In America, long before the WNS-causing fungus (Pseudogymnoascus destructans) began killing millions of bats, alarming declines were already evident. (14) Today, it is reasonable to hypothesize that long-accumulated stress likely contributed to current vulnerability.

Khao Chong Phran game warden watching emergence of wrinkle-lipped free-tailed bat (Tadarida plicata) and other species. The first warden was hired in 1982 at Merlin Tuttle's suggestion to protect the then rapidly declining bats at Khao Chong Phran Cave in Thailand. Their recovery is making a huge contribution to the local economy.
Some of the millions of American bats killed due to the introduced fungus (Pseudogymnoascus destructans) (Courtesy University of Tennessee).

The earliest documented bat declines were due to loss of suitable roosts. Key caves, especially those required for hibernation, were altered for human purposes, (14) (15) and old-growth forests were cleared. (16) (17)  Single cave losses left hundreds of thousands, even millions, dead or homeless. (18)

As bats lost roosting cavities in ancient forests, nursery colonies increasingly survived by moving into human structures where countless thousands were eradicated due to needless fear. (6) Many bats attempted to survive loss of their originally large and diverse hibernation caves by taking refuge in smaller caves where they are far less protected from inclement weather and climate change. In regions where abandoned mines were available, some provided ideal refuges. Others became lethal traps when they collapsed or were sealed in safety-closures.  (19) (20)

In Australia, flying foxes were once incredibly abundant. As recently as 1930, single flying fox roosts, known as camps, were reported to be up to four miles long by a half-mile wide, including millions of individuals.  (21) Many of those camps are gone. And those that remain contain only small fractions of former numbers.  (22) (23) (24) (25)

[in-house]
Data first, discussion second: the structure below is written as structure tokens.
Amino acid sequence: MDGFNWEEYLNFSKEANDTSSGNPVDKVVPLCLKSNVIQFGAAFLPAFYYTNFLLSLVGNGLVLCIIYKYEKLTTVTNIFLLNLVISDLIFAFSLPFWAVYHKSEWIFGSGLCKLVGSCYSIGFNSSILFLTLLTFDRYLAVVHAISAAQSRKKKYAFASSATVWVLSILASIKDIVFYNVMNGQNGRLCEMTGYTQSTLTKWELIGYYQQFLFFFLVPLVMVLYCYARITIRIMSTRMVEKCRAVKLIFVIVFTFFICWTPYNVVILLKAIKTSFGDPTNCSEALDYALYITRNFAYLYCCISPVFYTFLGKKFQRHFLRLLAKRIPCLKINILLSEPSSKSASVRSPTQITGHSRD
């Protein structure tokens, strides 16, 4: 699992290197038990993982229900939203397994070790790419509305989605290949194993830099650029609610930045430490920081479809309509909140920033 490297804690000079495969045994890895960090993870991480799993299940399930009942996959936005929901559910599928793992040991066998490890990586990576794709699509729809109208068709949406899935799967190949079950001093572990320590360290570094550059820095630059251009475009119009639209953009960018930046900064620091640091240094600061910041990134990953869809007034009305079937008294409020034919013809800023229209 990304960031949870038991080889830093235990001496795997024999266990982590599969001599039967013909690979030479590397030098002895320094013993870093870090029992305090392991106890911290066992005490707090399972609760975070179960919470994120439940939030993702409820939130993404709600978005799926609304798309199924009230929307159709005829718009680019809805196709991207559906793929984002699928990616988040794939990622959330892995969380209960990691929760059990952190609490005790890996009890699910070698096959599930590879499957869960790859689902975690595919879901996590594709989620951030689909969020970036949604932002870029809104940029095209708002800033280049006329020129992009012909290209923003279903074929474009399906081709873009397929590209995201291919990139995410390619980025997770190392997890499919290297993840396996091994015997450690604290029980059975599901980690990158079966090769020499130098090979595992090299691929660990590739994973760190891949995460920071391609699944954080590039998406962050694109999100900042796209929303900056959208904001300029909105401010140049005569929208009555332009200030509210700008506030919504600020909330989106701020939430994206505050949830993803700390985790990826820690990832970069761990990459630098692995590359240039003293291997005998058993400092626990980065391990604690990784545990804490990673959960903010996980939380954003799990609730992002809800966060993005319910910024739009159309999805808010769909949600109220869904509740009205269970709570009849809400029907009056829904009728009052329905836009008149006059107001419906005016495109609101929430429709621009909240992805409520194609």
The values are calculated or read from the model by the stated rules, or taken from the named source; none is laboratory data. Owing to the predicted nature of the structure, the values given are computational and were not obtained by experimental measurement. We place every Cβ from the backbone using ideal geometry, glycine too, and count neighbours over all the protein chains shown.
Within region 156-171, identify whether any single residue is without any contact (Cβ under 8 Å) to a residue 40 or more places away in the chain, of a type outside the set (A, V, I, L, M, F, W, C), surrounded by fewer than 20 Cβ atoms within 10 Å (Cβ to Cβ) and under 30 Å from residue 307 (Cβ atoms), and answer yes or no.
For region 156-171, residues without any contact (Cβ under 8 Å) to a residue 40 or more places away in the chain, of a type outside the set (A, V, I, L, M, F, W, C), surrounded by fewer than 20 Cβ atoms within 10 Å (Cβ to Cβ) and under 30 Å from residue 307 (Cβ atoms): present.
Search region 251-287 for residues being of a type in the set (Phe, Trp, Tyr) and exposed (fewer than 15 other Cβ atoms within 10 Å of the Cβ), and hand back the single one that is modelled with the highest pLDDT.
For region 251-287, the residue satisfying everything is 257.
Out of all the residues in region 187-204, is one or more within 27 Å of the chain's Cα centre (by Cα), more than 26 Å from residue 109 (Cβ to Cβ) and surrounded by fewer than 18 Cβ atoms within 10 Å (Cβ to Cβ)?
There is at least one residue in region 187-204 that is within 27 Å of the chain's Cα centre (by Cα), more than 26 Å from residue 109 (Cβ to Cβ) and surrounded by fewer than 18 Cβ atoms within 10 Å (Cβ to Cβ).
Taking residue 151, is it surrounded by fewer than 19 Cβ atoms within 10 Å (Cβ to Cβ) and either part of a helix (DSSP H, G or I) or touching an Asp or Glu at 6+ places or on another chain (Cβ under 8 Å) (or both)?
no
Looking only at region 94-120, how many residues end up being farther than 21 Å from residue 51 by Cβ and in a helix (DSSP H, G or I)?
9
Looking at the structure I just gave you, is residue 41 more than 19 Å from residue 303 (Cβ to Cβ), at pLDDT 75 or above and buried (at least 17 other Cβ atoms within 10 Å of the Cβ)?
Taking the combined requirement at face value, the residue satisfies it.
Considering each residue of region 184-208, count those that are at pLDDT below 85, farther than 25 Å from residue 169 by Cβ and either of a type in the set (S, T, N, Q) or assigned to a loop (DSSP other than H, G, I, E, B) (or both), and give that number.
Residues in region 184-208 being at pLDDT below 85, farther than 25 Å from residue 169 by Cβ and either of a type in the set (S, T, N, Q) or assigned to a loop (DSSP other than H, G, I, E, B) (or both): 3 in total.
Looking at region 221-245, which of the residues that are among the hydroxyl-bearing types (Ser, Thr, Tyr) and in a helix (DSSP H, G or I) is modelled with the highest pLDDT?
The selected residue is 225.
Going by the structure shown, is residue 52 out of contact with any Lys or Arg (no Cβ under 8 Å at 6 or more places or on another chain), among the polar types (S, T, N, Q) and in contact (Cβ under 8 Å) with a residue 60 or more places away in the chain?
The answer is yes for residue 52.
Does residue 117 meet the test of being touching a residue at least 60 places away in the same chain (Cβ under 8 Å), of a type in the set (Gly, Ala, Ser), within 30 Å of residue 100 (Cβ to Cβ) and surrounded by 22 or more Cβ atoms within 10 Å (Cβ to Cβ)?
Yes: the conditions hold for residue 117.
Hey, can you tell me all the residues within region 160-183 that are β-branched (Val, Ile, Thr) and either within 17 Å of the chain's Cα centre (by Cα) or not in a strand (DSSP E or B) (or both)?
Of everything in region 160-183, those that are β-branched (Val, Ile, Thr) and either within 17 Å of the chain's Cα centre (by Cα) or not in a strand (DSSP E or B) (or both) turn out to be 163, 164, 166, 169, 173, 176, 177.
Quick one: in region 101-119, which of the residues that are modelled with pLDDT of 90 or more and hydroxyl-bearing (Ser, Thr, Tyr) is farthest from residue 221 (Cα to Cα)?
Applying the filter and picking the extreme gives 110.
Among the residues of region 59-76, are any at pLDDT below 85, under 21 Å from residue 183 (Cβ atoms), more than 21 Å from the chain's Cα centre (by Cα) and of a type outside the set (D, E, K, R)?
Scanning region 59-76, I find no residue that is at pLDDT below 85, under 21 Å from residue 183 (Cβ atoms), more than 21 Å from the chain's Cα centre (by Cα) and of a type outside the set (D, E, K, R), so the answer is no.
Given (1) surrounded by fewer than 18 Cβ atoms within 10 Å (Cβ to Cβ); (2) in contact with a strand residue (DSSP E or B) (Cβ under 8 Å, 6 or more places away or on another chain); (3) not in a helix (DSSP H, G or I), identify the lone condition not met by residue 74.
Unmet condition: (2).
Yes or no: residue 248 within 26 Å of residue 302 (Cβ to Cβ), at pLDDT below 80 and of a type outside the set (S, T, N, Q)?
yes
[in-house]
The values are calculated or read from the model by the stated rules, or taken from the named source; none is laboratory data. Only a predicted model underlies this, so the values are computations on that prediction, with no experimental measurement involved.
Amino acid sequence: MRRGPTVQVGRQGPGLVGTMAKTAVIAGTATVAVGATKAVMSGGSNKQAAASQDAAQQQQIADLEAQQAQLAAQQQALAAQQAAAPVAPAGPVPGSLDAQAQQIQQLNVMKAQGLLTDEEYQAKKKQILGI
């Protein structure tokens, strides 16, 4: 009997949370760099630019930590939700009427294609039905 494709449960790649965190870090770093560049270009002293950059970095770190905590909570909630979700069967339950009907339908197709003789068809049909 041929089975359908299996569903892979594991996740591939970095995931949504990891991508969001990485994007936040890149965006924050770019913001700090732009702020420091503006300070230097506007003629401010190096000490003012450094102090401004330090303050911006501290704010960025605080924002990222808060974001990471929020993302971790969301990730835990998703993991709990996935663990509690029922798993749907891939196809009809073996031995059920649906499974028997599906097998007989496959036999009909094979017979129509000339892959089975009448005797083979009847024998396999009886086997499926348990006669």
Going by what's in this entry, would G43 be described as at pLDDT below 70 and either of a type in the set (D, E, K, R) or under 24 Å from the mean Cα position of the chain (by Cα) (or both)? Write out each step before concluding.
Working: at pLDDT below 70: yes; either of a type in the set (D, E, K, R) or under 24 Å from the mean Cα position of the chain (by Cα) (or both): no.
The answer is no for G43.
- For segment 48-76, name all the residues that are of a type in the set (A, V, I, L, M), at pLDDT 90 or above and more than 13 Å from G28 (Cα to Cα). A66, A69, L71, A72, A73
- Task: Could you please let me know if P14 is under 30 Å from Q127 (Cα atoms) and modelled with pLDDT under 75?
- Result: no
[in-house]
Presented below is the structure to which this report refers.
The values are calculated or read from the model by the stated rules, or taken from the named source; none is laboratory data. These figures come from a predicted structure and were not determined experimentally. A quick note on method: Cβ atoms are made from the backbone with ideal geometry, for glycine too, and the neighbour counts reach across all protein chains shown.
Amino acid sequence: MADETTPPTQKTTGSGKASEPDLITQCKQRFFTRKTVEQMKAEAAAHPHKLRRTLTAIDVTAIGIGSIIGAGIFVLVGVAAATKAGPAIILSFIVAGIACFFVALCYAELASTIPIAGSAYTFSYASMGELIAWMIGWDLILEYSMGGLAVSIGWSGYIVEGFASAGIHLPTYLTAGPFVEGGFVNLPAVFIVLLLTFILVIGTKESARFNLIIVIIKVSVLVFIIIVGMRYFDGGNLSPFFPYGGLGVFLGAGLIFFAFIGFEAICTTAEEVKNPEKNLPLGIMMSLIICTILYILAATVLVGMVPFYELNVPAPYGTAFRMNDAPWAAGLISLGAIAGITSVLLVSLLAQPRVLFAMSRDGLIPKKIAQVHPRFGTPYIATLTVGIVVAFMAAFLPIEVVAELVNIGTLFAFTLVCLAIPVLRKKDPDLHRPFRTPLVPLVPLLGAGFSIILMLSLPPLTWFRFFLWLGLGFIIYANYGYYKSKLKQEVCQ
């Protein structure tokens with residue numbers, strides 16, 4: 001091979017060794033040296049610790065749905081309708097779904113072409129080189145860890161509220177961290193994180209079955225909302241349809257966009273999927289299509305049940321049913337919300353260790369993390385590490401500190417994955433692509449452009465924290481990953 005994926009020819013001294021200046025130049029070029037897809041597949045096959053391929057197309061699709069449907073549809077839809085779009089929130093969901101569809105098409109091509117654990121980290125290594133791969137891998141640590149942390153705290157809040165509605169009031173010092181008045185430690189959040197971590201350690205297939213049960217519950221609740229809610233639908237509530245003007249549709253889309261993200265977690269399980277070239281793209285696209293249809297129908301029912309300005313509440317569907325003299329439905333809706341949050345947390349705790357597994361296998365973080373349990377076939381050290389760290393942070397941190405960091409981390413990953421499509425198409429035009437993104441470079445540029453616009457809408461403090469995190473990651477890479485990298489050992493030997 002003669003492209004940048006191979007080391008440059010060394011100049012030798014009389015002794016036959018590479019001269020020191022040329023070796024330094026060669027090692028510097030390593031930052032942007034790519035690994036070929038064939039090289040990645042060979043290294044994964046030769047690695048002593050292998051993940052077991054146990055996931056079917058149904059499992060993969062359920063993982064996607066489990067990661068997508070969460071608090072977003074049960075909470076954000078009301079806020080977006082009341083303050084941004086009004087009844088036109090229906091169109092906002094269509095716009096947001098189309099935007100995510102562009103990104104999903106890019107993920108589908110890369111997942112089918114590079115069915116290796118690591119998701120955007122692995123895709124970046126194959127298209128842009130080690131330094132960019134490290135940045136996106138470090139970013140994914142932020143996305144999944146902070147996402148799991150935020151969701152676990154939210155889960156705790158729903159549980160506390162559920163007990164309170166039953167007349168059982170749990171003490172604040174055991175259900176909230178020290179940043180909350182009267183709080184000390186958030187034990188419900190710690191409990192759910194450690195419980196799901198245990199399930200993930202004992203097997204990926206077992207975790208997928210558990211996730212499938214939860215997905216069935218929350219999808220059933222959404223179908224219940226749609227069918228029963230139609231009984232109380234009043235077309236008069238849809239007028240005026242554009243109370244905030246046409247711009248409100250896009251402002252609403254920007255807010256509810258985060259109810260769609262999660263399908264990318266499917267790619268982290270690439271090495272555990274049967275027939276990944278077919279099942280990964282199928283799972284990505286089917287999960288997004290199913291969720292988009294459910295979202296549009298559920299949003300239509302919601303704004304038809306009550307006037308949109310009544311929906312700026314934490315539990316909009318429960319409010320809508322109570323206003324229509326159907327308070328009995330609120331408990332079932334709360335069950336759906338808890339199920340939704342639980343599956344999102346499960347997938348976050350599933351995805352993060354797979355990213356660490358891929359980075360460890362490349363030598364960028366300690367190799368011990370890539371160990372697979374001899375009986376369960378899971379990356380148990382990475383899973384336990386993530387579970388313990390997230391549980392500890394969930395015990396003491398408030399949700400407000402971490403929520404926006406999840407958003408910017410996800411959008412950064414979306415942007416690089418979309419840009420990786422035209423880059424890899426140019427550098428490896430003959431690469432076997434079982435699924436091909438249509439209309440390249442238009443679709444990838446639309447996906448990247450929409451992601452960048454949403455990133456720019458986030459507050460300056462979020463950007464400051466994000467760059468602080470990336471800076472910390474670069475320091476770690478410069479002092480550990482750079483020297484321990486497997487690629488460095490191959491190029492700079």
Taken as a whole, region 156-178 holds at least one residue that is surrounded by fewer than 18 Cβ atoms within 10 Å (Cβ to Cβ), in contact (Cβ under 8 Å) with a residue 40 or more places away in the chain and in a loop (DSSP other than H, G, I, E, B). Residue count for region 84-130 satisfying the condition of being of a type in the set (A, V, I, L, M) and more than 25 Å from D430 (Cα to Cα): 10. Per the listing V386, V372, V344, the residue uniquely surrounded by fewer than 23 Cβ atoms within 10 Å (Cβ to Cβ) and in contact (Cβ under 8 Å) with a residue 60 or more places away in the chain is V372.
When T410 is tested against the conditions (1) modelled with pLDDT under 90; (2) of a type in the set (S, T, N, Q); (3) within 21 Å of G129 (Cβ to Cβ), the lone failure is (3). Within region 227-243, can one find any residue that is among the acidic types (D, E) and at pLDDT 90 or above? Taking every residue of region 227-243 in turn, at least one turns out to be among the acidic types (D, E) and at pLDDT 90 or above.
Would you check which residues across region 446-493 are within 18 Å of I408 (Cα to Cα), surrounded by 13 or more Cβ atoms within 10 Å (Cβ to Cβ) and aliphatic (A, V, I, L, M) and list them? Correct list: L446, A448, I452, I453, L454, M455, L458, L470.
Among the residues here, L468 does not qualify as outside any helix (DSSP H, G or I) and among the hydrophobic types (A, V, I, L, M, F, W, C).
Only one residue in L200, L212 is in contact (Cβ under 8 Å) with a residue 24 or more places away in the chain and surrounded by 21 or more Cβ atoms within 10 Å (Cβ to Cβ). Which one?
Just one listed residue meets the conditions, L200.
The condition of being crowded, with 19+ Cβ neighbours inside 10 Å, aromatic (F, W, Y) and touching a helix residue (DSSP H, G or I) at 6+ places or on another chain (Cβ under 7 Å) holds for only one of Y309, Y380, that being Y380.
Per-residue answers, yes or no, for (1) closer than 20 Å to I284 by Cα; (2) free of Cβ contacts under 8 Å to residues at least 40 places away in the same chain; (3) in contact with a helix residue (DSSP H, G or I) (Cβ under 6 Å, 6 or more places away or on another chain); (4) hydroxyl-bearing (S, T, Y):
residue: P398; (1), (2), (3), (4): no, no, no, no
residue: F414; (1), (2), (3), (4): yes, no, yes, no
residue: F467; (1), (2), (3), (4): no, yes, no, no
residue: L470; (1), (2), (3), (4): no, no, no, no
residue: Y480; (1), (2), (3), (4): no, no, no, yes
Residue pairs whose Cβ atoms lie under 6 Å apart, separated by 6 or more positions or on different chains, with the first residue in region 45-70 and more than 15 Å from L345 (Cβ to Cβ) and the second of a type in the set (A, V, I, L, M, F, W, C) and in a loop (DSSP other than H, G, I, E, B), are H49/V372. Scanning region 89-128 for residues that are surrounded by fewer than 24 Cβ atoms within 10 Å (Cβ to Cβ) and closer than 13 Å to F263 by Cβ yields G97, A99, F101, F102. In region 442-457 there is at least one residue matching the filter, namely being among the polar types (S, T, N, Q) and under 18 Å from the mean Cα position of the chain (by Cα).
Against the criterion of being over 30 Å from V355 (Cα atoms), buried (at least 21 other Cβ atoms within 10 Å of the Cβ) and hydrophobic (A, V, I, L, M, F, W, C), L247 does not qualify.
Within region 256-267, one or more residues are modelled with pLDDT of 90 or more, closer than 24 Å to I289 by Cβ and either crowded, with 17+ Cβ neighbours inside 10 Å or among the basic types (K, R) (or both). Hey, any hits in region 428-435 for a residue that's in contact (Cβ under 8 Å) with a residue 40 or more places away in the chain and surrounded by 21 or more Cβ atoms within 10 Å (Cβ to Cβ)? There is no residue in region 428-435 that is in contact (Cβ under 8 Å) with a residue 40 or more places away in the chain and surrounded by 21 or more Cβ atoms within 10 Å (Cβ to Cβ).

These bats faced two serious threats, loss of forests that once sheltered and fed them,  (26)  and intense eradication efforts by orchardists.  (22)  In recent decades substantial progress has been made in educating orchardists to protect crops with netting instead of killing bats.  (27) (25)

Nevertheless, tens of thousands of flying foxes are now perishing in single events due to unprecedented heat. (24) They originally formed huge aggregations in taller, primary forest trees along rivers and on islands. These roosts were likely much cooler (28) and provided more options to regulate temperature by moving vertically or in and out of sun versus shade.

As suitable roosting and feeding trees were lost, many flying foxes gradually moved to urban areas. Additionally, as fewer options remained, roost trees became defoliated, providing less protection from sun. (26)(25)  Bats were also harassed by homeowners who understandably objected to their noise and droppings. (29) (25) Like some bats in America, Australia’s flying foxes are now dangerously stressed and vulnerable due to a long accumulation of problems.

Red River Gum (Eucalyptus camaldulensis) illustrating a sole old-growth tree surrounded by new growth.
Worldwide, huge bat losses have already occurred for a wide variety of reasons. Often due to simple neglect of misunderstood animals. In addition to habitat loss and deliberate killing based on needless fear, some species have been literally eaten to extinction by humans who over-exploited them. (30) (31) Saving bats will be challenging. But due to their key ecosystem roles, we have no choice. Their pest control, pollination, and reforestation services are essential to our success in restoring the systems upon which we depend. (32) (33)